Tension-fraught Jammu and Kashmir (J&K) is laying plans to provide a Universal Basic Income (UBI) to all its residents living Below the Poverty Line (BPL). This plan is the first instance of an Indian state committing to a UBI policy.
Jammu and Kashmir’s State Finance Minister Haseeb Drabu proclaims that a UBI will prevent wastage of monetary funds. In a January 2017 budget presentation, Drabu announced that the J&K would use direct benefit transfers. This means that the government deposits money directly into individual bank accounts.
Economic experts have for long endorsed a UBI. According to Pranab Bardhan, emeritus professor of economics at the University of California at Berkeley, Below the Poverty Line (BPL) lists in most Indian states exclude persons legally designated as poor, while numerous well-off families succeed in bribing their way onto the lists.
In Jammu and Kashmir, where geopolitical turmoil wreaks havoc on the economy and the public’s standard of living, UBI systems could tackle poverty. The J&K has a poverty rate of 21.63 percent. Additionally, the unemployment rate among young people is an alarming 24.6 percent.
In 2011, the Self-Employed Women’s Association (SEWA), in a project funded by the United Nations Children’s Fund (UNICEF), launched pilot studies of the effectiveness of such UBI grants in India. Several results stood out:
- Recipients often used the money to improve their housing, latrines, walls and roofs. Additional funds were employed to take precautions against malaria.
- Nutrition has advanced: the average weight-for-age of young children increased, particularly among girls.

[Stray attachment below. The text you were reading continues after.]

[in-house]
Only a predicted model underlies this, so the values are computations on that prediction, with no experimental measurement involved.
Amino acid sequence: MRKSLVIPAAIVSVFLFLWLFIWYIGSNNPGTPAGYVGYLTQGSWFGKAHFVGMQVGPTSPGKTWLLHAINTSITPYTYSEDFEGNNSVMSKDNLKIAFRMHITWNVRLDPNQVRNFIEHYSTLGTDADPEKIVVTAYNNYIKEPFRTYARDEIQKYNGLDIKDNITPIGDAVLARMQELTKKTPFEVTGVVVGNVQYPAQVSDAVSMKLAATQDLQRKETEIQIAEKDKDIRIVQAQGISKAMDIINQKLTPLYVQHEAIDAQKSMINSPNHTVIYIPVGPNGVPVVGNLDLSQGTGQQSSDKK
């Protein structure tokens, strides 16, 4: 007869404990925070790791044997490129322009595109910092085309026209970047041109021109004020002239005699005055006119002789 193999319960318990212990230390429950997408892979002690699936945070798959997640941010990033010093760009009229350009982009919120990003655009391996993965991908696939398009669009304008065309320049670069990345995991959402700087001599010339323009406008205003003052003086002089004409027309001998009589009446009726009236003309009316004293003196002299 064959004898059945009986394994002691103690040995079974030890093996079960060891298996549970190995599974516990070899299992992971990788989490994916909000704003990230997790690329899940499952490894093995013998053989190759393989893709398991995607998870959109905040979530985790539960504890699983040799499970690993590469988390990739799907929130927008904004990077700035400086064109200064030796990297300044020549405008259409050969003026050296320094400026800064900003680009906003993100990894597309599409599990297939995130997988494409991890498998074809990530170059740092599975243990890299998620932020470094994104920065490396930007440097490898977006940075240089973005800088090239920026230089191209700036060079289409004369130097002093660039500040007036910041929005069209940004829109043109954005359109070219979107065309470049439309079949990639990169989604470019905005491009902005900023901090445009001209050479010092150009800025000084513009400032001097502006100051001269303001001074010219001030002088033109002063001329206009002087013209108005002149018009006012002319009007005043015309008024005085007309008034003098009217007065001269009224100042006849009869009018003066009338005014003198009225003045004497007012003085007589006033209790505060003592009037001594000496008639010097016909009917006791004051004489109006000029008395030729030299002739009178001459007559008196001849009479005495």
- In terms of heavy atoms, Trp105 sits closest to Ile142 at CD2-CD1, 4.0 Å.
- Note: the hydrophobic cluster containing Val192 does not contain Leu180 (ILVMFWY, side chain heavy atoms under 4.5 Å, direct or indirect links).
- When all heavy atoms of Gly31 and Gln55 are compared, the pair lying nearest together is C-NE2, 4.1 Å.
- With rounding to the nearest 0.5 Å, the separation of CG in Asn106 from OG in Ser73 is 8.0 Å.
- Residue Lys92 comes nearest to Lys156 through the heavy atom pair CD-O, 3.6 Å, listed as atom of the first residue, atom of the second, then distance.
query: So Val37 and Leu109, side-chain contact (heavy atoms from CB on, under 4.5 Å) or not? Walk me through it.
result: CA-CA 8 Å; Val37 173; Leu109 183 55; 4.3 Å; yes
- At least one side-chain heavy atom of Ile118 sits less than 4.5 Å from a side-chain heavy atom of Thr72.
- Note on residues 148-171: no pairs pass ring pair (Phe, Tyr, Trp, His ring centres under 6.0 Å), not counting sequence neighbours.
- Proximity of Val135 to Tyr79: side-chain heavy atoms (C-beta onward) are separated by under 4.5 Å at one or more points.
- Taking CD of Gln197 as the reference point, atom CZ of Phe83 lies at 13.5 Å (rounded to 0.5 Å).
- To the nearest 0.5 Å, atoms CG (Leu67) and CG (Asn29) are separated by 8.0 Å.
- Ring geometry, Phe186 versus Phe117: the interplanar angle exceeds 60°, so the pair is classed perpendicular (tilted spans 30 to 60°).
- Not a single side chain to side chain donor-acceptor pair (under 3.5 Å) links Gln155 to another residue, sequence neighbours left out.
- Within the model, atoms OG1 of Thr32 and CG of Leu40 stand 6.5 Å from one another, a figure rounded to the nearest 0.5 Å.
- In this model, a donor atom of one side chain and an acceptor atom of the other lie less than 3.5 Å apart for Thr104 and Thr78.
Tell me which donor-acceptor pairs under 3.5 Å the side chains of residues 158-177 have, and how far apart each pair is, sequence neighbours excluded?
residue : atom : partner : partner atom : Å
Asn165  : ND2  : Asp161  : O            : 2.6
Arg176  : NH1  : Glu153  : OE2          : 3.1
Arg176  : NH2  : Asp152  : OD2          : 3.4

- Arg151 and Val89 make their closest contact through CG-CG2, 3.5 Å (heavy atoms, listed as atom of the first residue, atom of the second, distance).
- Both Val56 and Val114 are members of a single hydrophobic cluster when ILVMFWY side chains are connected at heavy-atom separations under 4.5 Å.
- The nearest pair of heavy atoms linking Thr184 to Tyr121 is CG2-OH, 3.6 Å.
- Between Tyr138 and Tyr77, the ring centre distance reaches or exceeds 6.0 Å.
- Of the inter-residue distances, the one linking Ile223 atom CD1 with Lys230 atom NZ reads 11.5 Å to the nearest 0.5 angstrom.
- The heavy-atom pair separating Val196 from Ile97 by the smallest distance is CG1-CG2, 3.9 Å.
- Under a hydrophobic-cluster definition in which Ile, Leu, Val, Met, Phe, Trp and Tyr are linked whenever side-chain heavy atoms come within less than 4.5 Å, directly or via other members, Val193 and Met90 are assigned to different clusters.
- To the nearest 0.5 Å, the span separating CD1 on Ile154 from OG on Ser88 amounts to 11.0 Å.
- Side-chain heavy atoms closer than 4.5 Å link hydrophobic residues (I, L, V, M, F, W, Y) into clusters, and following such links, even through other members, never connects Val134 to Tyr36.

- Diets also improved, as commerce shifted from ration shops to markets. More fresh fruits and vegetables consequently became affordable.
- Improved health led to superior rates in school attendance and performance.
The SEWA/UNICEF trial yielded greater benefits for working class families, women, and persons with disabilities. Universal Basic Income helps reduce debt and renders less likely the need to go into more significant debt. Individuals reduced the need to borrow money for short-term purposes.
UBI will replace several current welfare schemes, compelling cooperation between the central Indian government and Jammu and Kashmir. Aside from lowering the cost of delivering social programs, Drabu declares UBI plans will deter leakages that plague many current social programs. Existing policies have left over 350 million people mired in poverty, even after two decades of high economic growth.
Universal Basic Income in Jammu and Kashmir will replace several current welfare schemes, necessitating cooperation between the central Indian government and J&K. In addition to reducing the expense of delivering the social projects, Drabu maintains UBI will deter leakages that plague many current social programs.
– Heather Hopkins